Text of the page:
“Cheese paskha is a traditional Easter dish made from quark (curd cheese, Russian: творог, tr. tvorog), which is white, symbolizing the purity of Christ, the Paschal Lamb, and the joy of the Resurrection. It is formed in a mold, traditionally in the shape of a truncated pyramid (a symbol of the Church; this form is also said to represent the Tomb of Christ). It is usually served as an accompaniment to a rich Easter bread called paska in Ukrainian and kulich in Russian.” — SOURCE
In my family, we never used eggs in our raw molded cheese paskha. So I was surprised to discover other recipes with eggs as well as with cooking paskha this way or another. All traditional variations are pretty decadent — a lot of milk fat not only in the cheese but also in added cream and butter, which is expected after the fast when these foods were forbidden.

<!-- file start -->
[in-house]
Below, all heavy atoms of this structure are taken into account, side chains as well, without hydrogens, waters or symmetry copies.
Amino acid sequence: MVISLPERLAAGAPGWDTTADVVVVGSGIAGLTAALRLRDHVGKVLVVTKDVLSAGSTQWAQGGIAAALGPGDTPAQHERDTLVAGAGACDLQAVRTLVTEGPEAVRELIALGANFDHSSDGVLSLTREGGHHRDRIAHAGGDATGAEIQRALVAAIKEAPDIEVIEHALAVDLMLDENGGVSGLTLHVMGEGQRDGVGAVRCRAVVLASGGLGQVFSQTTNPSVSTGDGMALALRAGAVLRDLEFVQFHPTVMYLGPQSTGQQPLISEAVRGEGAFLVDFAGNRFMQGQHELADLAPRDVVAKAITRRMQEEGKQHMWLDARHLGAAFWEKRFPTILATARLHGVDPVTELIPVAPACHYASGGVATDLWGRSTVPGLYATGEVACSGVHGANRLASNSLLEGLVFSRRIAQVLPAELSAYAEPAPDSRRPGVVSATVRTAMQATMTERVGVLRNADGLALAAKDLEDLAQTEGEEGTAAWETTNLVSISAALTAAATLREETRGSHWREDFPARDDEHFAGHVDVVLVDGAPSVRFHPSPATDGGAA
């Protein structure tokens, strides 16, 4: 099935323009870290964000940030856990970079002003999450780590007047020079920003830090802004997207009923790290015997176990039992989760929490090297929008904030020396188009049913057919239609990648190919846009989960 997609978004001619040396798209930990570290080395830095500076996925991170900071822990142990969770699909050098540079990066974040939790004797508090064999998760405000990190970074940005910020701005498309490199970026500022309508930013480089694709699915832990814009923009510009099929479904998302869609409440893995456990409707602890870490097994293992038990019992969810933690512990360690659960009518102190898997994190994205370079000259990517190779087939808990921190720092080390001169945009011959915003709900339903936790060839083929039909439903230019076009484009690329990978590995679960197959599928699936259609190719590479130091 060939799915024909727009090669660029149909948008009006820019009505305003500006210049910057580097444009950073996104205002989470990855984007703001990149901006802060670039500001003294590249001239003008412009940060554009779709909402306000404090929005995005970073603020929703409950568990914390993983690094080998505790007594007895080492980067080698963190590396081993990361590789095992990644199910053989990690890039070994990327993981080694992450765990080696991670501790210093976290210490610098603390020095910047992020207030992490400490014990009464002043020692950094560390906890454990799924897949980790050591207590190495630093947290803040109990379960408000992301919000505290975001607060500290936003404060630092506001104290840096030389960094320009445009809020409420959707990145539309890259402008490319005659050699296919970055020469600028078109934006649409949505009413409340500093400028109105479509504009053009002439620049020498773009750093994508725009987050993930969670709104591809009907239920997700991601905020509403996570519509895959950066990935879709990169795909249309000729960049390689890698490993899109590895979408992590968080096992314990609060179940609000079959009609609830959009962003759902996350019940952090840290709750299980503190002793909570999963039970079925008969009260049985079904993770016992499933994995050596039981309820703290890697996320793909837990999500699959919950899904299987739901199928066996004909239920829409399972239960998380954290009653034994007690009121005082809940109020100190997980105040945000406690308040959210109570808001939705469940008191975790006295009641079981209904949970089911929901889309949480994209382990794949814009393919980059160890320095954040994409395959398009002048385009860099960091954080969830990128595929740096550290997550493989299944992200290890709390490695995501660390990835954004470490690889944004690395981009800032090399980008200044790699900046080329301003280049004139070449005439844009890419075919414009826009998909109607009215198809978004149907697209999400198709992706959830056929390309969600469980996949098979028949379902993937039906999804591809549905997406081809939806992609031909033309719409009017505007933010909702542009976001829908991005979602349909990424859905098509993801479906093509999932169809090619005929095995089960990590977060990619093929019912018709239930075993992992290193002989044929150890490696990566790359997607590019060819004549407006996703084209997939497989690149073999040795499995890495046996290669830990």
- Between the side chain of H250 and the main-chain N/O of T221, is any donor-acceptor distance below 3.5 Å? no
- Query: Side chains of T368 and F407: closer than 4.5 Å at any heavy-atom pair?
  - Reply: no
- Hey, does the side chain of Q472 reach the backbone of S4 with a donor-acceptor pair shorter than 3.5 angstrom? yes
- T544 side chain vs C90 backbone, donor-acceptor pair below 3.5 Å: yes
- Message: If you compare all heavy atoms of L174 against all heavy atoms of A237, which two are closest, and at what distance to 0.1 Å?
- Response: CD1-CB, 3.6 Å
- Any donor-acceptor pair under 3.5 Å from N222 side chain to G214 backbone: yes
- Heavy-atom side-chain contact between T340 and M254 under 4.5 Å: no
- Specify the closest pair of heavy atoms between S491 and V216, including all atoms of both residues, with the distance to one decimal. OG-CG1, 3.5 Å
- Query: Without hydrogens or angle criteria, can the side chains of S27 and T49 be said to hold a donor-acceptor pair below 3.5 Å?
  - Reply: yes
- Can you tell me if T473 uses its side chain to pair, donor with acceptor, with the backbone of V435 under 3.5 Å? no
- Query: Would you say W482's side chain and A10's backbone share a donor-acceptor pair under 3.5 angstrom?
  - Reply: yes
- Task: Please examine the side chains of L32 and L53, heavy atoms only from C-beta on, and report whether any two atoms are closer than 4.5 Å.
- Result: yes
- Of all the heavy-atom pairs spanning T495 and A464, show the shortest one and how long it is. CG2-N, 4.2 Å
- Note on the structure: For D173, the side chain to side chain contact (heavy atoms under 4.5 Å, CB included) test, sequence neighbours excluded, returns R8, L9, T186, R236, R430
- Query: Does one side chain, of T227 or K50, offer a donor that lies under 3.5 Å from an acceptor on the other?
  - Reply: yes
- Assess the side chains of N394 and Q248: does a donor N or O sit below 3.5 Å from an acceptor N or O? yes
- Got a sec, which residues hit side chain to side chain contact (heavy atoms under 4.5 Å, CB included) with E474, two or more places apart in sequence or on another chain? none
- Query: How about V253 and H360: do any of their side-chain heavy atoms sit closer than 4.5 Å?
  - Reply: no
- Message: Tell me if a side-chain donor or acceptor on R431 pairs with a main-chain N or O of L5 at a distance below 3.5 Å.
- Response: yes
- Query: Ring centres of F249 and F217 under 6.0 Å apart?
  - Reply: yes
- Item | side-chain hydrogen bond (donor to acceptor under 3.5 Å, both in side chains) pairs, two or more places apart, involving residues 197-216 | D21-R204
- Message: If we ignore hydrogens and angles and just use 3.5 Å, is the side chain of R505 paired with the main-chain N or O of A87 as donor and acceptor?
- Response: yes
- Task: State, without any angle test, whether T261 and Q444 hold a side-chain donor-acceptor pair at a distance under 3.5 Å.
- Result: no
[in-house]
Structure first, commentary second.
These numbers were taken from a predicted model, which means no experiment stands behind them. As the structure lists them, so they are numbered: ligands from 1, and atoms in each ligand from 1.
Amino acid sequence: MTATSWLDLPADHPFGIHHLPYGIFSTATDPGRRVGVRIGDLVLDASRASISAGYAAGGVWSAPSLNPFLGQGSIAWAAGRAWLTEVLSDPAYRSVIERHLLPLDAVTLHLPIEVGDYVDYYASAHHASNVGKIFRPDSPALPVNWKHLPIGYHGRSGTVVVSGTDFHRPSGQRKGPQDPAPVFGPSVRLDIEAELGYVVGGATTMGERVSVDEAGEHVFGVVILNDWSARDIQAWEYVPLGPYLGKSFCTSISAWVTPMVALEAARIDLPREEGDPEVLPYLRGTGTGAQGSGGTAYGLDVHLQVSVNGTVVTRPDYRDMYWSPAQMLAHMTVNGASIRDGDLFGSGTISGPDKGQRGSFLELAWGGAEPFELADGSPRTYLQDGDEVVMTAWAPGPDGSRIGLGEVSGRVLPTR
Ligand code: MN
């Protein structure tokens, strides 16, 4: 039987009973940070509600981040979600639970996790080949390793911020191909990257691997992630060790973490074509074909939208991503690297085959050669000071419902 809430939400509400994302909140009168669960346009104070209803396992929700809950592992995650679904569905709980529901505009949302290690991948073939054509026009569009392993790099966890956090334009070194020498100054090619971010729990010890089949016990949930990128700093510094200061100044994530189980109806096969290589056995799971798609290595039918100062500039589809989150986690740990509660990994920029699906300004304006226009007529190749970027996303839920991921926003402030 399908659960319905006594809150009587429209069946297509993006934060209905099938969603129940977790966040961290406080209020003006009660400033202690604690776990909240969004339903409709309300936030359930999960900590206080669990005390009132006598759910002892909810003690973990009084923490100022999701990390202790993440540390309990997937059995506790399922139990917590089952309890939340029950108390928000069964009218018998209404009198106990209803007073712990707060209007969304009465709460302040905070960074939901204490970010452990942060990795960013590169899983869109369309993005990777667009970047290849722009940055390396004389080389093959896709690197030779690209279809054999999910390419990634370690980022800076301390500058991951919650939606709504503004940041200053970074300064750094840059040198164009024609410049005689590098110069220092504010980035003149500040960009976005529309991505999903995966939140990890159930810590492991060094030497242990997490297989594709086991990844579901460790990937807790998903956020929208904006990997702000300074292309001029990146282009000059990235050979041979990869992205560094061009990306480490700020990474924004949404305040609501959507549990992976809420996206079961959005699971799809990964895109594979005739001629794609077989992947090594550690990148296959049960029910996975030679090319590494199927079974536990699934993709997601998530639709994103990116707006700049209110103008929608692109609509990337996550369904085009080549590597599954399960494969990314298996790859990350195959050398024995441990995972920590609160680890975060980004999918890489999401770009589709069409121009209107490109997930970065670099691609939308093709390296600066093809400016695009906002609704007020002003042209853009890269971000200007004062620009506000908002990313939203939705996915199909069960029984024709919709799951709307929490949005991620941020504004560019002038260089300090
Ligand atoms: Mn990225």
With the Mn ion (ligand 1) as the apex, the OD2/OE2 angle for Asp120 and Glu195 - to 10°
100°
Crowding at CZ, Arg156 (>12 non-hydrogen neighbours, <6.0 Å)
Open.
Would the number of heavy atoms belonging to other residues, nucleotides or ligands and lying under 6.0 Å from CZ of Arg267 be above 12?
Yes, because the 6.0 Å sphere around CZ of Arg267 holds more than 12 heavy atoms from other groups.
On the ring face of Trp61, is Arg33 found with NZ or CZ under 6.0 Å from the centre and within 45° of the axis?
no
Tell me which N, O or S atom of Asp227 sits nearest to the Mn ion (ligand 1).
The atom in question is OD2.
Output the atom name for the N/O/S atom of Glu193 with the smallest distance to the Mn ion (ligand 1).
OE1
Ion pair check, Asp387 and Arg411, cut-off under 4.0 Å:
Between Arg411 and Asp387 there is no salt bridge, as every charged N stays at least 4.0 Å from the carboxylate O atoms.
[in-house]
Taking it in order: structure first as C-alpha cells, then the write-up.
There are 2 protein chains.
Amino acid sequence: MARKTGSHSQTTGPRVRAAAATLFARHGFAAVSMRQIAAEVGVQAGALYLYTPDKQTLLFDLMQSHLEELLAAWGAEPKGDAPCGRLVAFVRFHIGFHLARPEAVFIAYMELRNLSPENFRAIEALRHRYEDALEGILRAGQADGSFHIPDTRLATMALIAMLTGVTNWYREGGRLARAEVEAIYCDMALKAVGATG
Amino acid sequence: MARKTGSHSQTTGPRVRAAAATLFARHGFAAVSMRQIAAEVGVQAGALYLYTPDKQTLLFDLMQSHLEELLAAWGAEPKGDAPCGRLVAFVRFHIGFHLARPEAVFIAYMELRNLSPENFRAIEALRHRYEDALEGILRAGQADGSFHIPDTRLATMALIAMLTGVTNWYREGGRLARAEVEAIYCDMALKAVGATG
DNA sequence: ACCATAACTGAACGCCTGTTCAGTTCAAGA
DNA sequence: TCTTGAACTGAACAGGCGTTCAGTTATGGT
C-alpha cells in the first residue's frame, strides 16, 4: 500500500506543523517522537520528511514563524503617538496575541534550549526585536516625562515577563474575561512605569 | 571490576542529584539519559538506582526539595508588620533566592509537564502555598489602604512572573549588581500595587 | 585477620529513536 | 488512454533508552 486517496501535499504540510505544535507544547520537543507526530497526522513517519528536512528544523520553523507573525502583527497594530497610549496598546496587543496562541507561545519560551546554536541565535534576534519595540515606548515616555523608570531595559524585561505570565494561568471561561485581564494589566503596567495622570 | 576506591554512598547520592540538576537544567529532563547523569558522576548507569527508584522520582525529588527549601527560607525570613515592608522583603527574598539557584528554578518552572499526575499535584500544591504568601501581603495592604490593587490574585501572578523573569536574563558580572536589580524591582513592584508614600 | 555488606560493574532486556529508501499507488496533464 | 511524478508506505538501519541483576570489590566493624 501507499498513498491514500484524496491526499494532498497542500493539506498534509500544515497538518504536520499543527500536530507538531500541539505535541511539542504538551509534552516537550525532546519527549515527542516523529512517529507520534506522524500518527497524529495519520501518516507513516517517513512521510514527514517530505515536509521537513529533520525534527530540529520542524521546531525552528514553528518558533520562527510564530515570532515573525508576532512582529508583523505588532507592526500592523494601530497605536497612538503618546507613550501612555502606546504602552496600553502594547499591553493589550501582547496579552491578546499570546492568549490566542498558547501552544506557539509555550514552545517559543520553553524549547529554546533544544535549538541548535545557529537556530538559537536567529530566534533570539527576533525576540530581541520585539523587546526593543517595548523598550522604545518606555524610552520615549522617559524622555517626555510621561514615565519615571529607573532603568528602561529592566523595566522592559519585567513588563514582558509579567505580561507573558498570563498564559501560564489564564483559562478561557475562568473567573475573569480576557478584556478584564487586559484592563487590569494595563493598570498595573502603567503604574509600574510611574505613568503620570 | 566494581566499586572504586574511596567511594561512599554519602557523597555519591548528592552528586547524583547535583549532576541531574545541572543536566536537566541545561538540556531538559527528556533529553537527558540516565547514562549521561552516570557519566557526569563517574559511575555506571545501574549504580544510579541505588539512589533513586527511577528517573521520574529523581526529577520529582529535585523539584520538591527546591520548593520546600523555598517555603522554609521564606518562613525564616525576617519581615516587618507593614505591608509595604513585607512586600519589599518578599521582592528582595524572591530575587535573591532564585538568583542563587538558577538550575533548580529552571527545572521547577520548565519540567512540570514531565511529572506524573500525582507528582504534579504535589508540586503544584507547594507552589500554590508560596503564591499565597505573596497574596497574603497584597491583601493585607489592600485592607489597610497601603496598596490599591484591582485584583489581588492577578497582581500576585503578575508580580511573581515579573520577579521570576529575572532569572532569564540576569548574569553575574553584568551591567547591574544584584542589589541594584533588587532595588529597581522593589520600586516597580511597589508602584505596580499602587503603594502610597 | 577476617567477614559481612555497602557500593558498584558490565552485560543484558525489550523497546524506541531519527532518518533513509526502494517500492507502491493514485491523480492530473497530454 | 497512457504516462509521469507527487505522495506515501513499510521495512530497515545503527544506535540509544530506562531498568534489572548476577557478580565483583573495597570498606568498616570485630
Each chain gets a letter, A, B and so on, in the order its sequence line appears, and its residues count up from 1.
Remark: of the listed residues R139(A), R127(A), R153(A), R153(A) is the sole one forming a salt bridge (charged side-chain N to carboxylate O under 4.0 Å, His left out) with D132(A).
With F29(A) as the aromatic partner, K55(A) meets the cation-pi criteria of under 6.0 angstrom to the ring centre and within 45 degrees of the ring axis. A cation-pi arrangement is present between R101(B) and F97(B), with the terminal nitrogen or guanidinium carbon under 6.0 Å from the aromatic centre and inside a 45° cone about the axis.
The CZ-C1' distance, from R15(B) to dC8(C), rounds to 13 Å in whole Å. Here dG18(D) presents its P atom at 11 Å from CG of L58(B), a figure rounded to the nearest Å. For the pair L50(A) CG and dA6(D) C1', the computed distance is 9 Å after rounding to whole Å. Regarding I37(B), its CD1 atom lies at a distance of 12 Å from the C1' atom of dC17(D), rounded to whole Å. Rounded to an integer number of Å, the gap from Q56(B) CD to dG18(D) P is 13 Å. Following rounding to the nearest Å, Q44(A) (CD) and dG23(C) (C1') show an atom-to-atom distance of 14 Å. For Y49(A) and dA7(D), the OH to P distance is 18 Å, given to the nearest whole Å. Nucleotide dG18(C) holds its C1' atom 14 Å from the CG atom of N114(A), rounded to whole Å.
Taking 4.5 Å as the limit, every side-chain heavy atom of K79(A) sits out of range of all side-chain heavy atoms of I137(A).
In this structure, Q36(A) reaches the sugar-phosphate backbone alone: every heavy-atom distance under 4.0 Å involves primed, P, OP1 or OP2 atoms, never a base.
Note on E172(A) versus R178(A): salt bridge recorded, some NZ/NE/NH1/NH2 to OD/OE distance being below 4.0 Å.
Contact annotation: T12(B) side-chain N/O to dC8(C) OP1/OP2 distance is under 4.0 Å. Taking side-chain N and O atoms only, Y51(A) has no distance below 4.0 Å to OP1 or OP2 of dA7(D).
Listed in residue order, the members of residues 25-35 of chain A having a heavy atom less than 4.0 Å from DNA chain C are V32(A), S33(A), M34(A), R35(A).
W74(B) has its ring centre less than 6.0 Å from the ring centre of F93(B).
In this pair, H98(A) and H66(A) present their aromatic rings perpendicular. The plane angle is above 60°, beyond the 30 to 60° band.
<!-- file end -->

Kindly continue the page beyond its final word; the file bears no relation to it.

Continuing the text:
This modern version of fresh cheese paskha is based on one of the traditional Ukrainian recipes from the book Традиційна українська кухня в народному календарі, page 109, Паска сирна з вершками:
I hesitated to use raw eggs and based this modern version of fresh cheese paskha on one of the traditional Ukrainian recipes with cooked egg yolks. I thought why not to start with Creme Anglaise, which is egg yolks, sugar, and cream cooked together into a thick custard. Apparently, this brilliant idea already came to BARBARA ROLEK just a few days earlier. Bright minds!
This recipe is honed for a specific moisture content of fresh cheese. The kefir cheese recipe and proportions are described in my Syrniki posting.